seemed to stay there in a state of limbo. We made no ground on them
until we reached the first feed; a massive junction in the middle of a
very beautiful, rural, one-man-and-his-chein, nowhere.
The next bit is cheesy but very, very true. There
were two rides. The big one, the Hiroshima, was 170k and that one
went straight on. The "compact" one, the Nagasaki, was 115k and took
a left at the junction.
The feed, was on the right hand side of the road, 30 metres
before the turn off. I was determined to take a bottle on the move
because there was no way I was getting to the end on the fluids I had left.
It's mid morning and already the temperature is pushing 30 degrees.
A combination of the heat, an attack, the turn, and riders
trying to get bottles at the feed, caused some very slippy roads and
called for some very fancy body swerves. I planned ahead and made it through
intact. The same couldn't be said for everyone. There was more
than one inevitable, touching of wheels and an ensuing carambalage.
Exiting the feed there was another vicious attack from
those that knew they would not be chased down by the stronger riders that
had now turned off for the biggie. It was a fantastic move. One I
guessed would happen but one I was powerless to prevent, influence or
follow. Around ten riders got away and I'm now in a large second
group of fractious, unhappy and doomed-to-failure, chasers.
Some seemed more resigned to the fact that the move had
gone for the day than others. As you'll see from the profile above, there were no flat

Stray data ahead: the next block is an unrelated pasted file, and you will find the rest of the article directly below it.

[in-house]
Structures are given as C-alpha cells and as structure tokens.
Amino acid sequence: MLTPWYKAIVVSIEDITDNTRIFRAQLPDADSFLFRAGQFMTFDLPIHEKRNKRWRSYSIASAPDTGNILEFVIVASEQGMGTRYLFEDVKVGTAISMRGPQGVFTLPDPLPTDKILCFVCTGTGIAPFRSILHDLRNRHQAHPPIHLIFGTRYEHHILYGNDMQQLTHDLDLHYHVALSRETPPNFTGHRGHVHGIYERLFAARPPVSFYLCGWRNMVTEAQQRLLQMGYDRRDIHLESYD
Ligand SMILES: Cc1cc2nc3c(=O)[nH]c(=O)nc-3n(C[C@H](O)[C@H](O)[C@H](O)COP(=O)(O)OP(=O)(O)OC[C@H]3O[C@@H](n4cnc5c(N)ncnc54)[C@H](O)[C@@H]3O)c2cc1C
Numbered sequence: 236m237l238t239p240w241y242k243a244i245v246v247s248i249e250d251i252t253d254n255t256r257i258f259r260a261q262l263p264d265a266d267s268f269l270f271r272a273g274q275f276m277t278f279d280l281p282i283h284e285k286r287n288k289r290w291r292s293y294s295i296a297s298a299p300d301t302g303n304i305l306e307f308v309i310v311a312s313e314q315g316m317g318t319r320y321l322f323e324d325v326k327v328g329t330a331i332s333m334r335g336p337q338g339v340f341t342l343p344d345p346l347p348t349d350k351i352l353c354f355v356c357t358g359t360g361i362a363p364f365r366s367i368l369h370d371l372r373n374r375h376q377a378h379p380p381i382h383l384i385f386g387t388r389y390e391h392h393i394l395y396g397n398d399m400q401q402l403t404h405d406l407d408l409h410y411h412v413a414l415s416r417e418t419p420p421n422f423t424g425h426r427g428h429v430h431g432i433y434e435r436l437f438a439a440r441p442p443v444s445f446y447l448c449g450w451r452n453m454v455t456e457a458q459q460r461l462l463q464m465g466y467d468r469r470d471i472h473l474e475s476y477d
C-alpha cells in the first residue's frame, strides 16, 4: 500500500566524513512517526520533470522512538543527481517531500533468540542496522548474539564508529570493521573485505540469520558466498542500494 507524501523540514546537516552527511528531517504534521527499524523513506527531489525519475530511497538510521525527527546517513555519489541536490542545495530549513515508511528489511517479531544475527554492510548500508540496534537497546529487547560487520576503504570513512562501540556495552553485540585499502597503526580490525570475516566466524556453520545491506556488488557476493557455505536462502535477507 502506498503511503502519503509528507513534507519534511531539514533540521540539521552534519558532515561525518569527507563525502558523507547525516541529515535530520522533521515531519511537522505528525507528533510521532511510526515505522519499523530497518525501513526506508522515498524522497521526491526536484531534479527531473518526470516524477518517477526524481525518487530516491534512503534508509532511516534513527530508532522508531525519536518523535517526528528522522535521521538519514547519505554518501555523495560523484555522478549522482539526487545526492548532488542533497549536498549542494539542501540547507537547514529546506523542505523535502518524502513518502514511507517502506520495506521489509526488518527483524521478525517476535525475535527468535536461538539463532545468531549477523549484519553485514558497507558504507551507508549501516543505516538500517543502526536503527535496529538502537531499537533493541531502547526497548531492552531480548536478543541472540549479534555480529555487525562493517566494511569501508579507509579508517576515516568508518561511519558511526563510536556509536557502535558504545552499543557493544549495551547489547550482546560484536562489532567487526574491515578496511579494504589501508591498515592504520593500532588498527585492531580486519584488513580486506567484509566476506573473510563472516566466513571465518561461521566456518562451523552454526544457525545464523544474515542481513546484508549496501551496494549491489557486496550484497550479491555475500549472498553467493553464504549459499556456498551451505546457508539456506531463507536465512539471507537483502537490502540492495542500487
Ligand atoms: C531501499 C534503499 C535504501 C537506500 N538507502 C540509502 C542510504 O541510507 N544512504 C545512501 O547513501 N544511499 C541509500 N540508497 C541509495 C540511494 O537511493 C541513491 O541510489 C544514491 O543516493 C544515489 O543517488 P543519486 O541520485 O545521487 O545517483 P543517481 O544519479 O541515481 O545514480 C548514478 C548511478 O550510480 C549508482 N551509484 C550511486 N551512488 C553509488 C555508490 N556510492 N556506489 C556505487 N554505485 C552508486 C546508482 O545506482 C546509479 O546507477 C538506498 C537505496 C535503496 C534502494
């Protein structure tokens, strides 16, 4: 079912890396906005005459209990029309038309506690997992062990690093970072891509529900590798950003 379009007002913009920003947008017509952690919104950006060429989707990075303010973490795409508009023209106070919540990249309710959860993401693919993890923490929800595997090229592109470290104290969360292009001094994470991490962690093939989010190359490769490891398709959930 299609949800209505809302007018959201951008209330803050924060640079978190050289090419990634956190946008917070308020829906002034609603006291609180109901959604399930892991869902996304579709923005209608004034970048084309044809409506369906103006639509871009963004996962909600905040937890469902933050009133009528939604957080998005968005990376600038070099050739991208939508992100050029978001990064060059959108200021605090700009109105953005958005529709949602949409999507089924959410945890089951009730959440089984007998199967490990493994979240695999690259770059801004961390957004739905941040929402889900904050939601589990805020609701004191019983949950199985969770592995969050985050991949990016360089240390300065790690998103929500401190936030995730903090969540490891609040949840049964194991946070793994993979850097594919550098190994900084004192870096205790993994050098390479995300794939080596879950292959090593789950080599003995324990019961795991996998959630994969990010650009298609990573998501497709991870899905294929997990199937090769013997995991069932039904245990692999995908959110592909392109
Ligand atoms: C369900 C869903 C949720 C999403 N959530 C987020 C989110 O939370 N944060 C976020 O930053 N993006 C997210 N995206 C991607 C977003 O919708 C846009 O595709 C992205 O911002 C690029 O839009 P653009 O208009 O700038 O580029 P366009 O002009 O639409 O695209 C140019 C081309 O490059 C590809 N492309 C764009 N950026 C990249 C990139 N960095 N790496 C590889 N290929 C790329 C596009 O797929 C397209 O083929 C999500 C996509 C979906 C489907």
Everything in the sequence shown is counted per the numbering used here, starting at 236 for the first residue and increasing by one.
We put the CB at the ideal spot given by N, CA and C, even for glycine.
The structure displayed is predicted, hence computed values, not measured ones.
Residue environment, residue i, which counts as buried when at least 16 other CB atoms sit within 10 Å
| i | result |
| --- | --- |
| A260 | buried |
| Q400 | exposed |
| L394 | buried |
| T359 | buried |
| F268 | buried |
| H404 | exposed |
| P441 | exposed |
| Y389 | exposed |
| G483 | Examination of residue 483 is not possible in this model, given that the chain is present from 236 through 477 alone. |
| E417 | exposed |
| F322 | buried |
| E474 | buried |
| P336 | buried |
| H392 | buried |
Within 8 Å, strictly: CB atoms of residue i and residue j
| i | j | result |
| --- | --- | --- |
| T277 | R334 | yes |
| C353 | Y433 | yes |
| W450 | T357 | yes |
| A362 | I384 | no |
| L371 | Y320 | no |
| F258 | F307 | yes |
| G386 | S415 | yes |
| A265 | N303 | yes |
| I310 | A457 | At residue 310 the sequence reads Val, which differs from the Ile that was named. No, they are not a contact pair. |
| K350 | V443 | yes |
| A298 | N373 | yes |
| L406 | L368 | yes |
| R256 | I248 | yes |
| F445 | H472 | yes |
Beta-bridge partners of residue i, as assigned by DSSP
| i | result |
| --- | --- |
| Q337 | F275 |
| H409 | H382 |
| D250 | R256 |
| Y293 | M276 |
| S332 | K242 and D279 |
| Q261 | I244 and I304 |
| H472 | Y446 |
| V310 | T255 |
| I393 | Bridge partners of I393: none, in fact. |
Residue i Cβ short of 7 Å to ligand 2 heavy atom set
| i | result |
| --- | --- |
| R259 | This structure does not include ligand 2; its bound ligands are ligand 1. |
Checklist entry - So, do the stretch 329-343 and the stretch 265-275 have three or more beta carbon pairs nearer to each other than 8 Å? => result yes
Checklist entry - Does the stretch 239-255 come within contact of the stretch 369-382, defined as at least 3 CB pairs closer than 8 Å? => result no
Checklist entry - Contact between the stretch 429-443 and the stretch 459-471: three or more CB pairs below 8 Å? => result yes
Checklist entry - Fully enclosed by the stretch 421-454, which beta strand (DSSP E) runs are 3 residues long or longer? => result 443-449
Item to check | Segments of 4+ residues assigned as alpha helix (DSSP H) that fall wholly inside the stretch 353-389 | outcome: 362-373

bits. The constant high-speed climbing in stifling heat began to
take it's toll and more an more people took less and less of a turn.
Me being one of them.
I grabbed another desperately needed bottle at the
second feed at the 75k mark. Somehow, I knew my days were numbered
and I needed a drink to help my gel go down so I could save my on-board bottle for
the final run in.
At 80k I blew my nuts off and was dropped from the group.
I couldn't hold the wheel over a particularly savage climb and was tailed
off. Try as I might, I couldn't get back on and immediately went in to
self preservation mode. The objective now is to "high-speed cruise" just
below my threshold power and try to stay away from any chasers for as long
as I could. What
a crap plan that turned out to be!
On the penultimate climb I thought I was going to stay
away. As I started the 3k climb a T-Mobile clad rider shouted to me
as she went past. SHE!, SHE! This can't be happening. I
jumped to get her wheel and realised she wasn't alone.
There must have been 20 men lined out behind her. I
tried to get in the gaps but they weren't having it. So now I'm
outside the paceline which gave me a grandstand view of our femme-fatale
dropping the whole bloody lot of them; us! It really was a most
impressive site. We never saw her again.
Okay, stand up again!
As ever, I'd done a little homework and checked out the finish. I'd
sussed the last climb as being the neutralised drag from where we left town.
The high speed descent of the outward leg was to be my springboard for the
took a flyer over the top of the last climb and gave it absolutely
everything I had in a 5k do or die effort to the finish. There were
a few groups of splintered riders in front of me that were slowly coming
back and a massive group of around 30 chasing.
To prevent humiliation in front of the French, I had little
choice but to persevere with my foolhardy move. I picked three
riders up on the run in to the finish, then two more. Another pair
were still ahead as we passed the 1 kilometre banner. Could I catch
Nah? Not a hope. Then someone had the audacity